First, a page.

Stephanie Chan Sin-ying and Stephania Ling Kwan-wai of the Hong Kong Catholic Lay Missionary Association returned to Hong Kong for a break. After completing the stipulated days in quarantine, they were invited by different communities and schools to share about their work in Africa. They are scheduled to leave Hong Kong and carry on with service there at the end of this month.
Ling started her missionary work in Kolkata, India, in 2012. She was later commissioned to work in Ethopia, Africa, in January 2019, and then to Tonj, South Sudan, in December to serve students and women with the Salesian Sisters.
She returned to Hong Kong in mid-September. She told the Kung Kao Po that during this period she was responsible for collecting goods—a 40-foot standard container’s worth of clothes, shoes, English textbooks and daily necessities—for her missionary work in the impoverished nation. South Sudan, which is an inland nation, relies mostly on imports but all imported goods are very expensive.
She shared that virus prevention materials in the country are a luxury in this time of Covid-19 coronavirus pandemic. People use soaps to sanitise their hands because there is a shortage of hygiene facilities and clean water. She taught people how to make cloth facemasks.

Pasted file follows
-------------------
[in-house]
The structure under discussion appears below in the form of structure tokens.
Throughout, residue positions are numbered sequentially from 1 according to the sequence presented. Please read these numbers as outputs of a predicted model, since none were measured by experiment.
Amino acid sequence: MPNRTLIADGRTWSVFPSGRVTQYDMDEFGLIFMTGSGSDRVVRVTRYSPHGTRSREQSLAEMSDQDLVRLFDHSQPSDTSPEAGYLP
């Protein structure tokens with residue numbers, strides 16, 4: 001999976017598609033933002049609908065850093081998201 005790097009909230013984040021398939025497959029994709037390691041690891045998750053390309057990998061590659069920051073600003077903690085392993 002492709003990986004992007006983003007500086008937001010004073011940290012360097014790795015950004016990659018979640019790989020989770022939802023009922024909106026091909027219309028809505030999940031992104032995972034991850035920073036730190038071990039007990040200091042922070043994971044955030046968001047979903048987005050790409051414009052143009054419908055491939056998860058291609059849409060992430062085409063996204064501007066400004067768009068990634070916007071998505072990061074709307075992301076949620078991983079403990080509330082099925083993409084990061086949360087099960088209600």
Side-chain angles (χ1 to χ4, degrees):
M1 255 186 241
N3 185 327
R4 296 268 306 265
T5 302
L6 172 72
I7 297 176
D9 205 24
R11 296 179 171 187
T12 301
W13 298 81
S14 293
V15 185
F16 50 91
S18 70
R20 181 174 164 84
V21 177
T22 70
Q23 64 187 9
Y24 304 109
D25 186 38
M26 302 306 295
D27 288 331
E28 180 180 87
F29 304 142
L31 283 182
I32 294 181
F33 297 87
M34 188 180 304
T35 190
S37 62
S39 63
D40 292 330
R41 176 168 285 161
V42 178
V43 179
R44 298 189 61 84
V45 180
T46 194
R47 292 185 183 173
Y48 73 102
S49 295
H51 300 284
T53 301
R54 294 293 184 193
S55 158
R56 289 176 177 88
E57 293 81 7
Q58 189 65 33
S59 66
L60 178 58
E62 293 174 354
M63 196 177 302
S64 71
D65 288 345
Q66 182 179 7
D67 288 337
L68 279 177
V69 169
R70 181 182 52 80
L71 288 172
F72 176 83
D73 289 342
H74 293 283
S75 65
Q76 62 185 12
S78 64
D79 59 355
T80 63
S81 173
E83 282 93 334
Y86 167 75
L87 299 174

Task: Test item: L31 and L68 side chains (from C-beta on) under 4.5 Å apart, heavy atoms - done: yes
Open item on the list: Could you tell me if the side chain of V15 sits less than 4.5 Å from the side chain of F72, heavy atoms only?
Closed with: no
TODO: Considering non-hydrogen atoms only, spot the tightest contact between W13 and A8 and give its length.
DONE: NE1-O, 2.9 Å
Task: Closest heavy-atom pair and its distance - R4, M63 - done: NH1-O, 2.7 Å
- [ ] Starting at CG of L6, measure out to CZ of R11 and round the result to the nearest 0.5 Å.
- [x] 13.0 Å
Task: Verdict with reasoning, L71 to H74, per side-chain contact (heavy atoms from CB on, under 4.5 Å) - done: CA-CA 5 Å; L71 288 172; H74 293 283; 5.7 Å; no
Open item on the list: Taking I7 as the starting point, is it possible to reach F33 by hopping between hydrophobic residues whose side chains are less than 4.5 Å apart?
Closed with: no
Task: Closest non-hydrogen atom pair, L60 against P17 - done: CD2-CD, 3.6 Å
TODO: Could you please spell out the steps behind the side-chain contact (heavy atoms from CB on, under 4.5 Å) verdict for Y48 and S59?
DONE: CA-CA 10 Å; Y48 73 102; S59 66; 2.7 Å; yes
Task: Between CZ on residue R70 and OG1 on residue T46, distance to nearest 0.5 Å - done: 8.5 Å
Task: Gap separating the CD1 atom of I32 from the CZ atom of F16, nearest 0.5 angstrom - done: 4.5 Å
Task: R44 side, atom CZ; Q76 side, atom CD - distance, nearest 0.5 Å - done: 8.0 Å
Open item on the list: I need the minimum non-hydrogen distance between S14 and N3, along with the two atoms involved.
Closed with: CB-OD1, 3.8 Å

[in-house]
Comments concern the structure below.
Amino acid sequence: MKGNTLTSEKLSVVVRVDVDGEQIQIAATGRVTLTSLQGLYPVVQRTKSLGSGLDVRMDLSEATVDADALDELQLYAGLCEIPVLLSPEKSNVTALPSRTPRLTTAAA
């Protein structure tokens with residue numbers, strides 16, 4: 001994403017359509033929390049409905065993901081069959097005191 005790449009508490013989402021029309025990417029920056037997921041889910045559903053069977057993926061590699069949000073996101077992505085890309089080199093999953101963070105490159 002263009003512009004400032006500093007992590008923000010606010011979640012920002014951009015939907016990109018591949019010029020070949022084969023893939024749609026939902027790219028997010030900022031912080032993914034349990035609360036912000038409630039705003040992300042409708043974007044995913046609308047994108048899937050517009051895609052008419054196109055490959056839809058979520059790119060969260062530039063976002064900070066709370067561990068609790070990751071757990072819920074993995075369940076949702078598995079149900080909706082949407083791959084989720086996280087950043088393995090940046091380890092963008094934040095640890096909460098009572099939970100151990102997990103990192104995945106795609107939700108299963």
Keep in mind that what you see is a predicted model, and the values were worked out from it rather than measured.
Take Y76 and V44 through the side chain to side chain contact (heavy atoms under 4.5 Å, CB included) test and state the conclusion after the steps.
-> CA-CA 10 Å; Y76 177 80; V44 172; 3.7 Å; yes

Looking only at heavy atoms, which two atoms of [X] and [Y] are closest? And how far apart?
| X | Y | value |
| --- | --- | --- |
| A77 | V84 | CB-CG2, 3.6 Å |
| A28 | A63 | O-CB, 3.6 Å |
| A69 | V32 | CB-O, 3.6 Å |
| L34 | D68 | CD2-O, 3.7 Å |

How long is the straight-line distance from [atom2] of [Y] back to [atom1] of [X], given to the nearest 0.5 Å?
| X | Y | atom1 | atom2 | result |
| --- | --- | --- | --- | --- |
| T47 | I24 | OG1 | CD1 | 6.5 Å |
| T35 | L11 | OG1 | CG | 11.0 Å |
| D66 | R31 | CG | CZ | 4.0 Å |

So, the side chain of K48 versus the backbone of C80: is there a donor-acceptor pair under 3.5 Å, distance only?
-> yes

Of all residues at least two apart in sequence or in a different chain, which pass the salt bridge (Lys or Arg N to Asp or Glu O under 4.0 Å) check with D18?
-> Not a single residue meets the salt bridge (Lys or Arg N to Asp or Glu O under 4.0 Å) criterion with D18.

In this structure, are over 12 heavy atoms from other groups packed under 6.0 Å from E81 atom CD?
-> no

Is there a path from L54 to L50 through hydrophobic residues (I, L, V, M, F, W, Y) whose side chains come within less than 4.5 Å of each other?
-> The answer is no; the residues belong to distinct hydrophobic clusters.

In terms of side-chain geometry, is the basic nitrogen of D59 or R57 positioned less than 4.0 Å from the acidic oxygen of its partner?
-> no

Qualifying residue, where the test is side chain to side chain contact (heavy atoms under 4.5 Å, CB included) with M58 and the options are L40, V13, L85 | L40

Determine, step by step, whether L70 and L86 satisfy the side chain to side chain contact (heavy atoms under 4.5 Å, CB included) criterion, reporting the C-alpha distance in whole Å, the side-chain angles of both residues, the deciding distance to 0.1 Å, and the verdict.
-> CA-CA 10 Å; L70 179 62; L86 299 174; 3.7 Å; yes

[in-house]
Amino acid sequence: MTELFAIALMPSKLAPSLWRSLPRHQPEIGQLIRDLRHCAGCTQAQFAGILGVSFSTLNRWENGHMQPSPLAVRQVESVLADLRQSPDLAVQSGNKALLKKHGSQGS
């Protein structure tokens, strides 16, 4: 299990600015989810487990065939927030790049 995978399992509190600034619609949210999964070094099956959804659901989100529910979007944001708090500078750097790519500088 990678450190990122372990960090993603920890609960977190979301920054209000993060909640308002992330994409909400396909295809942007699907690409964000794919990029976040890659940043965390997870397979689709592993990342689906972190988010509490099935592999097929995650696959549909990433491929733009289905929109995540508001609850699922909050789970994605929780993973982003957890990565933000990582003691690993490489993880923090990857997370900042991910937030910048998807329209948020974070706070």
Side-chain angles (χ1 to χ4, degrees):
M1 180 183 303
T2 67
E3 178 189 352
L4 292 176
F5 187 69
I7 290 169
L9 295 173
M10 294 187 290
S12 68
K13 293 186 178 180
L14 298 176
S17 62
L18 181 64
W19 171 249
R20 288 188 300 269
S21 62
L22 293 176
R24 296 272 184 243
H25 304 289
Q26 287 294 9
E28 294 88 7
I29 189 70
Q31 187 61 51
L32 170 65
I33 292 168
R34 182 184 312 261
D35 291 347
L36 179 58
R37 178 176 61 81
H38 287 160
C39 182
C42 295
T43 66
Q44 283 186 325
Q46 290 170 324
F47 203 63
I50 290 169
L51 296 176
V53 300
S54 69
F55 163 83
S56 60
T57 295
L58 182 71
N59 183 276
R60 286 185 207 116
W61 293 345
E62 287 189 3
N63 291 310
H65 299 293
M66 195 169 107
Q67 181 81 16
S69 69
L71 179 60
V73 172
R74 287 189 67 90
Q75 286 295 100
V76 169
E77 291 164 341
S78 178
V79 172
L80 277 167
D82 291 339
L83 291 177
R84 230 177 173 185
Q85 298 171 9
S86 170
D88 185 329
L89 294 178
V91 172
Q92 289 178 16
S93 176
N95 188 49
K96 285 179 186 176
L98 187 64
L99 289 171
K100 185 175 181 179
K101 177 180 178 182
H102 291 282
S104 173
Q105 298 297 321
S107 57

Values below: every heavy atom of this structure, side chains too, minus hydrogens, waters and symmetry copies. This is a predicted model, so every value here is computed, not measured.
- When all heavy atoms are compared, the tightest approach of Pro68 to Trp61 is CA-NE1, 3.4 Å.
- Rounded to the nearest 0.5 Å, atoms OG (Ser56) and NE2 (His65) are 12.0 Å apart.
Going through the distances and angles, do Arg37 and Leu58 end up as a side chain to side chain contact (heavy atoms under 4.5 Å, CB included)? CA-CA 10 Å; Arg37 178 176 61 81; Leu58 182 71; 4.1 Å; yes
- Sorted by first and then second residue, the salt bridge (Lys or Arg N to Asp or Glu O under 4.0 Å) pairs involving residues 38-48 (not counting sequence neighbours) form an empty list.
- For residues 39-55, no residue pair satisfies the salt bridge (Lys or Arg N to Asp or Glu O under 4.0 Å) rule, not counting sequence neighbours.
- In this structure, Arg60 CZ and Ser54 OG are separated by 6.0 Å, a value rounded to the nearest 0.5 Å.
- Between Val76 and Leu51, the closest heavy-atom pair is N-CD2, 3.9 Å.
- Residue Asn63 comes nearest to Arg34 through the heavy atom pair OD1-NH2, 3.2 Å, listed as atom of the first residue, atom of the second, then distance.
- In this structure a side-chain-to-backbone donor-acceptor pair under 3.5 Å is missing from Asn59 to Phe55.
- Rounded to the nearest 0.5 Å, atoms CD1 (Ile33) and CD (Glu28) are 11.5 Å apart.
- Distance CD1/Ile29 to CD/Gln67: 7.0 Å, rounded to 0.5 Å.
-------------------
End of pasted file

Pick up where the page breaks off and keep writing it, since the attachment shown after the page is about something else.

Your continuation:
She said her family worry for her safety and tell her to stay in Hong Kong every time she comes home. However, she has decided to return to South Sudan at the end of December to support the people there during the pandemic.
Chan was assigned to Cambodia in 2000. She was commissioned to serve in Kenya in 2004. In 2013, she returned to Hong Kong to complete a doctoral degree programme in education. After her graduation, she went on with her missionary work in Nairobi, Kenya, in 2018.
Chan is scheduled to go back to Kenya to teach at a school at the end of this year. She shared that her school suspended class beginning in March.
“The pandemic shows no sign of abating, but I still hope to return to Kenya to help the local people. I wish to meet my students after months of class suspension, help them adjust to school life and address their physical and spiritual needs,” she said.
She regularly gives assignments to her students, while the school gives out daily necessities every two to three weeks so that students in the slum district can be supported, even though donations for the school have been reduced during the pandemic.
Stephania Ling with children in South Sudan
Stephanie Chan with students in Kenya
(Adapted from Sunday Examiner, 18th December 2020)
(Last modified: 08-01-2021)